• The horchata in Span is made with chufa, or what you call the tiger nut. Am not sure how it made the transition to a rice-based drink in Mexico (perhaps because chufa aren’t available in Mexico, or for economical reasons?), but I like both versions.

  • I vote for the Spanish version. I had one of those perfect moments at a horchateria in Valencia, Spain. A hot day, a little blue-and-white tiled shop, and a tall glass of cool, nutty horchata. Heaven!

  • I don’t know how you live without Mexican food for so long! This chocolate looks delicious! Next time you’re in San Francisco come see me at Tres Agaves. I’ll hook you up with some of the best carnitas(uber crispy), duck tacos, and 100% agave margaritas north of the border!

  • Oh I am loving that cup so much. The hot chocolate in it wouldn’t go amiss either!

  • Bonjour David
    You have just made me have a pang of longing for Mexico, San Miguel de Allende( our usual winter hideaway)Mexican chocolate, all things Mexican.
    I am imagining myself sitting in the sun with some chocolate and a nice slice of tres leches cake. Mui delicioso!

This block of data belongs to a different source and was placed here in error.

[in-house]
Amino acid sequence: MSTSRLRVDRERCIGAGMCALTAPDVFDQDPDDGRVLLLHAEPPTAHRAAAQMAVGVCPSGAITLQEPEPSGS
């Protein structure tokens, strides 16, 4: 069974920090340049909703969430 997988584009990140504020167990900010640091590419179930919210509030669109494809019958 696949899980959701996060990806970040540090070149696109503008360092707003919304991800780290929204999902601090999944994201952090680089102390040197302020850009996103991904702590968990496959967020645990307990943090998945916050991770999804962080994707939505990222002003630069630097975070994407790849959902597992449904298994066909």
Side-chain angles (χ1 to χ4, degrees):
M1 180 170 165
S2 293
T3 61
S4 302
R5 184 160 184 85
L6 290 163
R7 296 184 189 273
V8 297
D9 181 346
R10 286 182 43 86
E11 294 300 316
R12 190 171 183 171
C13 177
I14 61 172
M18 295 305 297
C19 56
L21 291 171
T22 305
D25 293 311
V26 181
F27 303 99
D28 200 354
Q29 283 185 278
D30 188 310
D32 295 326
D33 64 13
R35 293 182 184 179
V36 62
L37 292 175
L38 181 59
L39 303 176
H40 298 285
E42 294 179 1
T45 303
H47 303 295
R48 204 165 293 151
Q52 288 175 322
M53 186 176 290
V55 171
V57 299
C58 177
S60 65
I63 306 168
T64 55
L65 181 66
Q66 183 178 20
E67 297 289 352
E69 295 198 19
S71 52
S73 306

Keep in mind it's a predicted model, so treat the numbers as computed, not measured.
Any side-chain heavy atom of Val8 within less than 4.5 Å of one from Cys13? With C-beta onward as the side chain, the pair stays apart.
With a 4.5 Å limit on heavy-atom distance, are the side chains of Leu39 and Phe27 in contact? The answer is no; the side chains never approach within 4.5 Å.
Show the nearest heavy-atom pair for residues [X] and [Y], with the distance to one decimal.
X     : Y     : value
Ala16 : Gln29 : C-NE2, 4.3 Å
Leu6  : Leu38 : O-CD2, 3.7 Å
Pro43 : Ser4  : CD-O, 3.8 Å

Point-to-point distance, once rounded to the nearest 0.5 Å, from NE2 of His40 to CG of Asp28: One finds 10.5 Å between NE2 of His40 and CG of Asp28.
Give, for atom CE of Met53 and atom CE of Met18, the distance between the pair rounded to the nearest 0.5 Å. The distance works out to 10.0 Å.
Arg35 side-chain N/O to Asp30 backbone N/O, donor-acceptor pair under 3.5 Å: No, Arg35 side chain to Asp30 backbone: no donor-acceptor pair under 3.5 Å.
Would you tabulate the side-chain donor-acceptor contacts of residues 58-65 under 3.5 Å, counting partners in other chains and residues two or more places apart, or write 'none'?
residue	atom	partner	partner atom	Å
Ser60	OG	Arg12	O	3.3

• hm, sounds too sweet for my taste. I recently had the Taza with Guajillo chili and it was excellent.

  • I remember growing up my Spanish teachers would always make Mexican hot chocolate from scratch and we would sing songs about it…totally song-worthy!

  • I am never one to turn down a cup of hot chocolate, sweet or not! I have never tried making it with the mexican chocolate, though, but I think that has to be next on my list. This sounds so good as I’m sitting in the midwest where the windchills are hanging out right around 20-30 below zero…

  • At least the other folks chiming in brought up the horchata issue (loving Mexican horchatas, my week in Valencia last fall re-acquainted me with the wonder of how great an authentic horchata de chufa is…)

    I always love Mexican hot chocolate, it was one of the good things about going over to my Mexican friends’ houses growing up in Arizona, since the moms would always whip up hot chocolate for guests. I’m glad that our growing food culture in the US makes Mexican Chocolate more accessible now — I can now buy Ibarra and Abuelita in most any grocery store around here. That wasn’t always the case, when I moved to Minnesota in 1995, I had to seek out the grocery store in the Mexican neighborhood in St Paul to get my fix.

  • Good afternoon David,

    If I only can get hold of Mexican chocolate I will try your recipe. During long winter months here in North Yorkshire hot chocolate seems to be a very good treat, but I have had enough of my old recipes.